I know my mom and dad taught me the meaning of Christmas every year and tried to steer my mind from the baubles, goodies and gifts to the birth of a Child who meant everything to my parents, and their parents and grandparents before them.
After jogging my sleep-deprived brain for several minutes I remembered a Finnish tradition that I took part in on my mission.
|Photo by Pöllö: "A man remembering his dead relatives on Christmas Eve on a Finnish cemetery in Helsinki, Finland. It is a tradition to bring candles to graves on Christmas - thousands and thousands of candles light the cemeteries."|
Each Christmas Eve, the Finnish people would visit the cemeteries and place candles on the graves of their loved ones. I was in eastern Finland my first Christmas Eve as a missionary. We stayed with a family from church and went to the graveyard near their home.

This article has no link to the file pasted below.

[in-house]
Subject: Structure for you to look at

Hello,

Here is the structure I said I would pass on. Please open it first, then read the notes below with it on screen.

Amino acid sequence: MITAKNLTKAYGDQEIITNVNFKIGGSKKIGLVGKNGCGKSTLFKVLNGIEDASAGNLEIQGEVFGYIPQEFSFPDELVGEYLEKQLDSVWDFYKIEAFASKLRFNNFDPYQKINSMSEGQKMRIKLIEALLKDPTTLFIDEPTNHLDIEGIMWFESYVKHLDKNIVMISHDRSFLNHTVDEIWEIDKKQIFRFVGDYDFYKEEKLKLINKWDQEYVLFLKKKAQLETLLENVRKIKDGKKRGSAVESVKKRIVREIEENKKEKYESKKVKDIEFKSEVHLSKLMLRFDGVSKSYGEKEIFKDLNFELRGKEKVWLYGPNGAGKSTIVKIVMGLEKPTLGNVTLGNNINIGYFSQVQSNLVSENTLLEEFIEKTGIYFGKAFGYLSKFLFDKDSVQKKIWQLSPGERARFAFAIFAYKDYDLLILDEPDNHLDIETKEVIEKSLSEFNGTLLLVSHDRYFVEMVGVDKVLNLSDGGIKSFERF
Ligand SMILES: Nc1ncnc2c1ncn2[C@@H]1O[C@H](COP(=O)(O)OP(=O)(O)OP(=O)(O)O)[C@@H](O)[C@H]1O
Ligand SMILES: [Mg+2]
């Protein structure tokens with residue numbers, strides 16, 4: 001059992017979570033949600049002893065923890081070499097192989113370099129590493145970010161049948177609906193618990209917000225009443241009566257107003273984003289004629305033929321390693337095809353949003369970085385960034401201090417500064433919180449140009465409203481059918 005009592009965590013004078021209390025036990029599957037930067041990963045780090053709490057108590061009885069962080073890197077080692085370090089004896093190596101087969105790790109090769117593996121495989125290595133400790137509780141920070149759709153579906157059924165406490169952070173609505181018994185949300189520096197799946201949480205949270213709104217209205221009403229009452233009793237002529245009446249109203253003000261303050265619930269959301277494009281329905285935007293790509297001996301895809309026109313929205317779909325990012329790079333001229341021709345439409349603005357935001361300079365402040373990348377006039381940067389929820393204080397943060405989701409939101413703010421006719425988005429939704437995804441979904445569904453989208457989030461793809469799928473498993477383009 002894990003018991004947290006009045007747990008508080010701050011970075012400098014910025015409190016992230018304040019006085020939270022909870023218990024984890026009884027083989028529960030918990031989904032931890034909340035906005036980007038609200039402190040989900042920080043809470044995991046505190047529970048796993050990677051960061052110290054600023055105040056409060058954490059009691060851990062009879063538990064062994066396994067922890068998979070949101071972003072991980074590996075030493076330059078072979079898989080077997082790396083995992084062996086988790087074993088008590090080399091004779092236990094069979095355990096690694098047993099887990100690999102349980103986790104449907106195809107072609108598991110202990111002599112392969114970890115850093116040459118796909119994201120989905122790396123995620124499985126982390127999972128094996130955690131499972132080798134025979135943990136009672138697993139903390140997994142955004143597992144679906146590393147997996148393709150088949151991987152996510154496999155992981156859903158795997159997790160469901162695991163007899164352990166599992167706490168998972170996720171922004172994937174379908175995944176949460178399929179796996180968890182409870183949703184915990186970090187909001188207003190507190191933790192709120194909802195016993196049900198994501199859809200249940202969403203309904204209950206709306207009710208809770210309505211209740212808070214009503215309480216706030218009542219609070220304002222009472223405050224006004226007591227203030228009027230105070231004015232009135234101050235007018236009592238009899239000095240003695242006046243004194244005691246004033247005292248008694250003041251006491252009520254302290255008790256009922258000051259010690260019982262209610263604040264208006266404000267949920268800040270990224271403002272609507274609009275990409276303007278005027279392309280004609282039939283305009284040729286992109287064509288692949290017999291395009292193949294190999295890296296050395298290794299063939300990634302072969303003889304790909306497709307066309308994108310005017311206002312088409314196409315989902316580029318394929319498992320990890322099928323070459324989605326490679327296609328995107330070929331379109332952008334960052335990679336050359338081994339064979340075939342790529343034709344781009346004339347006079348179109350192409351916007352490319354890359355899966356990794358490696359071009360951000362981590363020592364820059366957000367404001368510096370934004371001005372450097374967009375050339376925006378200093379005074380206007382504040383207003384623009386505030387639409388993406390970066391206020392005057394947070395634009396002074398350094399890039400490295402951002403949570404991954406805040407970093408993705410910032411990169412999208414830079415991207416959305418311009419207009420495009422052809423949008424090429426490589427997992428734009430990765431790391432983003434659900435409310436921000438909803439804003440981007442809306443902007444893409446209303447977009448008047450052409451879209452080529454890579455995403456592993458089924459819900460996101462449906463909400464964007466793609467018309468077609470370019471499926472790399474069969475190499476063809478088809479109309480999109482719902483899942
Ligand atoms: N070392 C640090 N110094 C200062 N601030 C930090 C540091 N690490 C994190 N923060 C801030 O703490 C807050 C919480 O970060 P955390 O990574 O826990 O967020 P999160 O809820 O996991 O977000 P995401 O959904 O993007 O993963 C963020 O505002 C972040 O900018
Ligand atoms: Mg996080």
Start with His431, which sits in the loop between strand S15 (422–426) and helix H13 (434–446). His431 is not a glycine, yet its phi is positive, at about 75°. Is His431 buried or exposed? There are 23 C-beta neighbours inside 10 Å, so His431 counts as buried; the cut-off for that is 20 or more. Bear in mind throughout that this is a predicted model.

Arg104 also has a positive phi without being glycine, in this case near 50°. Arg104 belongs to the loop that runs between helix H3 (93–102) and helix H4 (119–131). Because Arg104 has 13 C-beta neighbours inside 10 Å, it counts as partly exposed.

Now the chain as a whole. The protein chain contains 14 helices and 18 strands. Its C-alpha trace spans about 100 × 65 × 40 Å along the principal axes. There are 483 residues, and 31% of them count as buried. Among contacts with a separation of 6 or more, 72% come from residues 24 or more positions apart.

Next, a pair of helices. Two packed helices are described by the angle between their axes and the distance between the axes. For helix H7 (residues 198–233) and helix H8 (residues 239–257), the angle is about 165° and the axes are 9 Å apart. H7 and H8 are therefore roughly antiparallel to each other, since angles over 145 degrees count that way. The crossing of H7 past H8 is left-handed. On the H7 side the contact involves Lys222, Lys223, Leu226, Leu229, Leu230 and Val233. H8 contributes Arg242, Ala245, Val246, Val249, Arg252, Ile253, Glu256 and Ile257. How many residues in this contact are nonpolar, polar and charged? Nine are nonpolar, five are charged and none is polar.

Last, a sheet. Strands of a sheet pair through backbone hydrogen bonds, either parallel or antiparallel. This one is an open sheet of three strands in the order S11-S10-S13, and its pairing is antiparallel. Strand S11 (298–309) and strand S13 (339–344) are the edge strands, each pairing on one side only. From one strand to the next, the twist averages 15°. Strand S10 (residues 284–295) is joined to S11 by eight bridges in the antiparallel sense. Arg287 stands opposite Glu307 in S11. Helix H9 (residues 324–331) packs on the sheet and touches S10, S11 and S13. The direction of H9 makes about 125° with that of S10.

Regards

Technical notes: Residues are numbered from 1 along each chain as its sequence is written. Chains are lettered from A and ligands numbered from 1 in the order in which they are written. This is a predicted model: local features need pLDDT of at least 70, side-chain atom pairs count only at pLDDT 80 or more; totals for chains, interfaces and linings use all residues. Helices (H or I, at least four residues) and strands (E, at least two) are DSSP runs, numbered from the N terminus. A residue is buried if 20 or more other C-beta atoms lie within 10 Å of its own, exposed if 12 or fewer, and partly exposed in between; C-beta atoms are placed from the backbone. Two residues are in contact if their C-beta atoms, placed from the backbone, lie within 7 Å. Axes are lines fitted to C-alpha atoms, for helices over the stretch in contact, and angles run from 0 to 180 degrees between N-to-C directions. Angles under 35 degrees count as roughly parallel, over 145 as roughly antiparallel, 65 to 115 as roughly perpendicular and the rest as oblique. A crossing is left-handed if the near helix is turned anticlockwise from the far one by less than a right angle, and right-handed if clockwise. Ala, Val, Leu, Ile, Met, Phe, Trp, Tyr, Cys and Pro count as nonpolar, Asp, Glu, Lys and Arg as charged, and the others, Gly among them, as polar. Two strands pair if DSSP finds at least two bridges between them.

The graveyard was radiant and teeming with life. People were everywhere walking reverently through the tombstones, placing candles on graves, and sometimes kneeling beside a marker for their loved one.
Others were gathered to honor their heroes. The section for the fallen soldiers pulsed from the light of hundreds of candles placed there by the living grateful. It was a night when the living and dead were together.
Traipsing a graveyard may sound like something for Halloween, but Christmas Eve was the perfect time for this tradition.
On the night when we celebrate the birth of a Child who broke the bands of death, the living and the dead were united. Or rather, the dead regained their chance of life and the living were ensured their victory over death to come.
That Finnish graveyard was a holy and heavenly place on Christmas Eve. As I wandered the paths with my friends, I felt peace and a welcoming spirit of life. The glow of so many lights piercing the cold and dark reminded me that Christ, the Light of the world, has opened the graves for us all.
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J. blogs at Cygnus Opus